Since civilisation started an unfathomable number of years ago, the world of food has constantly been in a state of evolution, adapting to different seasons, geographical locations and even for different festivities. While the northern parts of the country face climates ranging from cold to pleasant, the southern half has a summery and tropical weather (barring the hill stations). And talking about geographical factors that affect the country, it is these very factors that make it possible for some unique agricultural products and eatables to be found in the country. So much so that they have been bestowed with the GI Tag (Geographical Indicator). The GI Tag is given to certain products that are infamously native to that region.
As of 2023, India has over 400 GI tags, all spread across industries like agriculture, textile and handicrafts. Now don't worry, we won't discuss 400 GI tags, for the sake of education, but we will disclose 10, for the sake of curiosity.
Scroll further to read about some well known GI tags and some that may come across as a surprise.
In the year 2004, Darjeeling Tea was given the GI tag. The farming for Darjeeling tea was started in the 1830s, while India was still under British rule. Today about 87 acres of land is used to grow these tea leaves, employing over a lakh of people. Apart from this, the Darjeeling logo and the word itself is protected under The Trade Marks Act 1999 and registered as the certitifaction marks of the Tea Board of India.
Nestled amidst the lush hills of Coorg, Karnataka, the Coorg Orange is a cultivar of the fruit that captures the essence of its picturesque origin. Also known as Kodagu Orange, they received the coveted GI tag in 2006, a testament to the unique flavours and aromas it bears, owing to the region's climate and the rich, volcanic soil of the Western Ghats.
Kerala's pride, Njavara Rice, exudes history and health benefits. The grain, steeped in tradition, was honored with a GI tag in 2007, a recognition of its storied Ayurvedic value and the mystique created by the nurturing climate of 'God's Own Country.'
From the enchanting Malabar coast of Kerala, Tellicherry Pepper reigns supreme in the world of spices. Earning its GI tag in 2006, these peppercorns stand as a testament to the bountiful Kerala monsoons and the fertile soil, producing bold grains with unparalleled flavor.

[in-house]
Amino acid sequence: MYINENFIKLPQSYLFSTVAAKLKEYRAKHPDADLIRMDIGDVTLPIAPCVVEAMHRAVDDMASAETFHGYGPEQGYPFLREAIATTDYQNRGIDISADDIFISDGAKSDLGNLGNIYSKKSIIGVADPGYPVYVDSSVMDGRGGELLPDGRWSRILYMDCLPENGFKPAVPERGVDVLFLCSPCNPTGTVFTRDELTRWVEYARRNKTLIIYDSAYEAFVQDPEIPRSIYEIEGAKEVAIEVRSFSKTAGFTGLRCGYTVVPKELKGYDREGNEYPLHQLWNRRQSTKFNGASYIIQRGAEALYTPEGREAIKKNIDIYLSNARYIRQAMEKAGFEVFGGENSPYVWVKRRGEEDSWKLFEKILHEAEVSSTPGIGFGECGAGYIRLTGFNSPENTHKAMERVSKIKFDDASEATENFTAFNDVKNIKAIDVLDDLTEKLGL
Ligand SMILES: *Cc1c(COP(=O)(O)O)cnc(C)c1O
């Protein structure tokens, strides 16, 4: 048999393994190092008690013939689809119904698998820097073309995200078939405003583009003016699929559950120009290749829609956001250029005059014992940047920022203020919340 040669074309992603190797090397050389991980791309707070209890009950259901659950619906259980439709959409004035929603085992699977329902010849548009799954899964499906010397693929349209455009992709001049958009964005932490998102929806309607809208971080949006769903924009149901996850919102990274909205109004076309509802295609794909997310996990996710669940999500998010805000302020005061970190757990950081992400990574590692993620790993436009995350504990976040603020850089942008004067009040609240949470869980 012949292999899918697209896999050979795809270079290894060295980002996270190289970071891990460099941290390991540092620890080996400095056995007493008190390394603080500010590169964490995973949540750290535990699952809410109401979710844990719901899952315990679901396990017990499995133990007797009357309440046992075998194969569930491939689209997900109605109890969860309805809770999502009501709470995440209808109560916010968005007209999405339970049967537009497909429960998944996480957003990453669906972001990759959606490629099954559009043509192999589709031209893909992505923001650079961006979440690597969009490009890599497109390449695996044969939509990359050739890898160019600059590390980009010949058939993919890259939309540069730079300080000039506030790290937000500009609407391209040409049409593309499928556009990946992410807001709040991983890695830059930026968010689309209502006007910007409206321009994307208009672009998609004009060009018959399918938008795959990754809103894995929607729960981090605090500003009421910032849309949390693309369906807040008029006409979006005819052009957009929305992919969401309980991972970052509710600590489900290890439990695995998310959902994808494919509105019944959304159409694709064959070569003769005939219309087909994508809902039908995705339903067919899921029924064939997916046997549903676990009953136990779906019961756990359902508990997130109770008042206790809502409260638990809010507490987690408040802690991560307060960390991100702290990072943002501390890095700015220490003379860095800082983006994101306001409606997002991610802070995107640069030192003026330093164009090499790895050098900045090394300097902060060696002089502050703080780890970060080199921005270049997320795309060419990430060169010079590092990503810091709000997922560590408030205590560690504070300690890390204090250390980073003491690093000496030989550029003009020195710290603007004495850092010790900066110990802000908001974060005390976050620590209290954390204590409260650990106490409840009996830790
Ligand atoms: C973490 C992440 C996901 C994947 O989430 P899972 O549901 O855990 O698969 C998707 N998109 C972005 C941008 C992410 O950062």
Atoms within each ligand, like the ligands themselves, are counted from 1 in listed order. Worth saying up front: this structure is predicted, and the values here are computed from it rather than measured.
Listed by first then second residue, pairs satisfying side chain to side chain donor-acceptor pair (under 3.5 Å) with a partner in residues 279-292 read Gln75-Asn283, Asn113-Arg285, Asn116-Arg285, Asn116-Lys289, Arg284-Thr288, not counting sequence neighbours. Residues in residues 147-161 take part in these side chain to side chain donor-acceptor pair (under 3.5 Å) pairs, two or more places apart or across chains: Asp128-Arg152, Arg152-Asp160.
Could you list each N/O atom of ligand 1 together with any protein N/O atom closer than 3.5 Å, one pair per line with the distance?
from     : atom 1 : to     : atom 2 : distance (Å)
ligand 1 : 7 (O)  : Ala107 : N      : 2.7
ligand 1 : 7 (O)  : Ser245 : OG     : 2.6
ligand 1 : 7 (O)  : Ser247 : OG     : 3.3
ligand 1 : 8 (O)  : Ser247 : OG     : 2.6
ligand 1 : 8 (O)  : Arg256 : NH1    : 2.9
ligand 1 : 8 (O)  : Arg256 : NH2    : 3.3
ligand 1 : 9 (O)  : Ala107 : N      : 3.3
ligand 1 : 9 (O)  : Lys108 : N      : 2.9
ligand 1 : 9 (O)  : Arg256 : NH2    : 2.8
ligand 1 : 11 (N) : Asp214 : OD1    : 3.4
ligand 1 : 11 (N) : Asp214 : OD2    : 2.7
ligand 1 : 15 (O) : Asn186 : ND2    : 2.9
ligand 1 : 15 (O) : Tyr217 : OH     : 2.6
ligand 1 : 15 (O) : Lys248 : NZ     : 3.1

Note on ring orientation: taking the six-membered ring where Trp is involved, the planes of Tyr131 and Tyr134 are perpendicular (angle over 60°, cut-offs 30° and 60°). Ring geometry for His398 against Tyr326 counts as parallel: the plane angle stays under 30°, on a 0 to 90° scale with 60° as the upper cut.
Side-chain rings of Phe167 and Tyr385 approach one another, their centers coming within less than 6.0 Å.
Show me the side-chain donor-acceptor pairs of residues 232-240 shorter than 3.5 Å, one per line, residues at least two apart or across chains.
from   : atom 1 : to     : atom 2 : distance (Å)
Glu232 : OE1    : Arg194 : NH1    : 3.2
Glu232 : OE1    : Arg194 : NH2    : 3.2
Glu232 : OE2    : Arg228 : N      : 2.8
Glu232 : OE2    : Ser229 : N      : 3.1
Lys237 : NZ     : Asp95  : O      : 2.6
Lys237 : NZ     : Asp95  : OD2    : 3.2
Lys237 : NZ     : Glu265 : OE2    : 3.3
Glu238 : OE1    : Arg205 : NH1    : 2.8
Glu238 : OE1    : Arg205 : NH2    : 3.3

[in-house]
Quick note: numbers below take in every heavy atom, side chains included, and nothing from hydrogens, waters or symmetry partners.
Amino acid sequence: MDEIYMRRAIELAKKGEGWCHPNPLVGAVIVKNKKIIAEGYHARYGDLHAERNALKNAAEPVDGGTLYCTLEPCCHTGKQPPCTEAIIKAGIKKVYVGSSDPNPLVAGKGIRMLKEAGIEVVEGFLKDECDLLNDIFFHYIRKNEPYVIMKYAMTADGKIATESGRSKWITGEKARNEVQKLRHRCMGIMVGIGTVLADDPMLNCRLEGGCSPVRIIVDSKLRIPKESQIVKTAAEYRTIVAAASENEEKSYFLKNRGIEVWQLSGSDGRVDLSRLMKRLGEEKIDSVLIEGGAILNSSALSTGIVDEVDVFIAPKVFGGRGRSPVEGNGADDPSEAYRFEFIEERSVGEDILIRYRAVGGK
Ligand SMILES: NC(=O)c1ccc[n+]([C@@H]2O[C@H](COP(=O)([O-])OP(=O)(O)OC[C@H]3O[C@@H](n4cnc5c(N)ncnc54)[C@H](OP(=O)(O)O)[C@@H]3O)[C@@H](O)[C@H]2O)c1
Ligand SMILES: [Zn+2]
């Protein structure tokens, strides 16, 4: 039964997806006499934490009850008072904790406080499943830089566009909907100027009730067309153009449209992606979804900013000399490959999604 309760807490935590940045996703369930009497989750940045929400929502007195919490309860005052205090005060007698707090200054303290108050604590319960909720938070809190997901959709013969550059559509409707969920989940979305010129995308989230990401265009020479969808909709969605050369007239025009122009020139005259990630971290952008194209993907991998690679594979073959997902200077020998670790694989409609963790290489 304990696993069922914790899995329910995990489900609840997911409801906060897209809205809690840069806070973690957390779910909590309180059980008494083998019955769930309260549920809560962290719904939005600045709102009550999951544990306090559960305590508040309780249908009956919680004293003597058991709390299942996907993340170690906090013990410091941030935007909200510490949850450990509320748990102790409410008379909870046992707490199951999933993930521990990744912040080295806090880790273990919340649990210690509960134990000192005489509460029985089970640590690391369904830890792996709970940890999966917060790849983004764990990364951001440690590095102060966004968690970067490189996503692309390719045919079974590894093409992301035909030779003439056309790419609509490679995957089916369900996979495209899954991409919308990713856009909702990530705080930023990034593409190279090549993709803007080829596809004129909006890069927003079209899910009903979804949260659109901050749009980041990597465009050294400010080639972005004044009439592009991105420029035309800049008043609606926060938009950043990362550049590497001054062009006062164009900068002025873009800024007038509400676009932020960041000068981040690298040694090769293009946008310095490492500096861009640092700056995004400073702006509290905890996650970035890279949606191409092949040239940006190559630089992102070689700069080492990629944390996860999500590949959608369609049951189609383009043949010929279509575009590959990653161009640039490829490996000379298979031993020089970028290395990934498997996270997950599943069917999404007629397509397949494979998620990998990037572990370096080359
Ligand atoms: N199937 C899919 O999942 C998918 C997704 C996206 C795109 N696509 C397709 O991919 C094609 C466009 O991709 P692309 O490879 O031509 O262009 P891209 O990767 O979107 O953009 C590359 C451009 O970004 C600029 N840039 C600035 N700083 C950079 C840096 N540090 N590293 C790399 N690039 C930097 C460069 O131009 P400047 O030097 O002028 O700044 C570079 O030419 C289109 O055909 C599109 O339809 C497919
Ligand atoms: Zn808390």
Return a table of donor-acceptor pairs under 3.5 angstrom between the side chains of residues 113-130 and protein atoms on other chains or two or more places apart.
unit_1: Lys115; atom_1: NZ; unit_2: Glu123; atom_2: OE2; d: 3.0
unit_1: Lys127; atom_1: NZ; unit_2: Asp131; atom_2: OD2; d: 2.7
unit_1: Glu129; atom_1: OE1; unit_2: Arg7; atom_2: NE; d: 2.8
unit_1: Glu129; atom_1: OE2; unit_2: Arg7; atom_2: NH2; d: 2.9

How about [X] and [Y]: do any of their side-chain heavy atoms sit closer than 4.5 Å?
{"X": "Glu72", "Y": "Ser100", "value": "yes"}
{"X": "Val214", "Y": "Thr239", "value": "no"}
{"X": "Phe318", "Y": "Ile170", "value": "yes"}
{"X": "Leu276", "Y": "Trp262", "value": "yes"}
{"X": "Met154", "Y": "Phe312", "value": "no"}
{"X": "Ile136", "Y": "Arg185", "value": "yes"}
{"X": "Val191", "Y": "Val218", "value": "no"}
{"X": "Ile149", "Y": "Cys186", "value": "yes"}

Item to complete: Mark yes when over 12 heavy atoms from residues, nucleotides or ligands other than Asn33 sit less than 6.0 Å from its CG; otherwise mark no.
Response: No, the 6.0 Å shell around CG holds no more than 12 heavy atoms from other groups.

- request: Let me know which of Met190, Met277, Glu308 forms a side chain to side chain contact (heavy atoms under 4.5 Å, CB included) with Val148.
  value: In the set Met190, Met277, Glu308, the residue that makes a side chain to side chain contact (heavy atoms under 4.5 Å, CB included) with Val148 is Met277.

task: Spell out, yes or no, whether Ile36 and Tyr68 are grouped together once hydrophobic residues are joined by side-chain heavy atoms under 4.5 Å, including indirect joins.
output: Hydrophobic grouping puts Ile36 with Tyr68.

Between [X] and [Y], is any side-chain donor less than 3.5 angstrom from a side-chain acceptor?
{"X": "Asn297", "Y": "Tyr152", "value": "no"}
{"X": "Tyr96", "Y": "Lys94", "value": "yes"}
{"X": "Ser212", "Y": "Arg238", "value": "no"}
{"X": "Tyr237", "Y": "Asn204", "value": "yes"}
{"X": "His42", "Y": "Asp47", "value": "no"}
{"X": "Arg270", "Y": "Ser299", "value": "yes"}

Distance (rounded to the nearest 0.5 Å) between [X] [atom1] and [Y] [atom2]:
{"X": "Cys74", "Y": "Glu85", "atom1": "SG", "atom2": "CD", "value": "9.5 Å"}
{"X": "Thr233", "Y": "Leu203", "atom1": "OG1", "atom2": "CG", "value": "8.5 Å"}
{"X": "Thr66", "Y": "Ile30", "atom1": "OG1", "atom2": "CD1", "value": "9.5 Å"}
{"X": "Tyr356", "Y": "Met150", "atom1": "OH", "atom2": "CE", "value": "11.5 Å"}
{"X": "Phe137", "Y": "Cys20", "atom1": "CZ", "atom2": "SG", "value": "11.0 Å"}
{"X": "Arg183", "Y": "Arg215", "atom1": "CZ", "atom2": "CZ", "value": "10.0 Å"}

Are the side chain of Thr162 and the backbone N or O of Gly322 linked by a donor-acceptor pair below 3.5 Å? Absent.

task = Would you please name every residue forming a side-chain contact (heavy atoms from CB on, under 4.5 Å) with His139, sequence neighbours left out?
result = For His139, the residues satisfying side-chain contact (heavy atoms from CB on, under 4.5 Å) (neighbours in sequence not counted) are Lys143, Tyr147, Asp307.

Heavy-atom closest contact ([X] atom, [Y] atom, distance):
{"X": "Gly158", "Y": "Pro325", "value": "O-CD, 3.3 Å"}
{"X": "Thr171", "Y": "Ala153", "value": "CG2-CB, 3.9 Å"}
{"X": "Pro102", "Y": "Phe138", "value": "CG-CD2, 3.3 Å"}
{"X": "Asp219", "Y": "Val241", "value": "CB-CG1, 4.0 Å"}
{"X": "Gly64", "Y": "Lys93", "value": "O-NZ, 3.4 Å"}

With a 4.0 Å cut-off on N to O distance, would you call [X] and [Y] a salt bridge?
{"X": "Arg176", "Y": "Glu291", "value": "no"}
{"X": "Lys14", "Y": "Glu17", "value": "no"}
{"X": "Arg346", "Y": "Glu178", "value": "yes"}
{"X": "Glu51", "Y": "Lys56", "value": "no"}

Nendran Red Bananas
Kerala's Nendran Red Bananas are a sensory delight, if you've ever had the opportunity to try them. Their GI tag, bestowed upon them in 2014, honours the sumptuous sweetness, velvety texture, and vibrant red skin. All these qualities are a tribute to the age-old agricultural traditions nurtured in the state's tropical embrace.
In the rugged terrain of Mizoram, the Mizo Chilli thrives, producing fire and flavour like no other. The GI tag it received in 2015 celebrates the unique climate and soil that contribute to its blazing spiciness.
Tripura Queen Pineapple
From the lush landscapes of Tripura emerges the Queen Pineapple, a regal fruit of sweet abundance. It donned the GI tag in 2015, a crown earned through its unrivaled sweetness, juiciness and the fragrant aroma woven by the local climate.
Monsoon Malabar Coffee
The Monsoon Malabar Coffee from the Malabar coast in Kerala is a coffee aficionado's dream. Bestowed with a GI tag in 2008, it boasts a flavour crafted by the monsoon winds, a taste that reflects the mystique of the region.
Goa's Khola Chilli is popular for their deep red colour and a mildly pungent flavour. The GI tag it received in 2020 and exclusively grown in the eponymous village, they are also known as canacona chillies and are rich in potassium, magnesium and manganese.
Gulbarga Tur Dal
Hailing from the heart of Karnataka in the Gulbarga district, the Gulbarga Tur Dal, bearing a GI tag since 2019, embodies a rich tradition and exceptional taste. Its excellence is a result of the region's distinctive varieties of tur dal and the time-honored processing techniques.
Now that you've got a little glimpse of India's GI tagged products, how many of them were you already aware of?
Natasha Kittur is an aspiring writer. Her love for anything with cheese and spice is profound, but a white sauce pasta always tops her list. In her free time you will catch her reading or watching crime books and shows or go on and on about psychological experiments and theories. She aims to write a book in the fictional genre someday.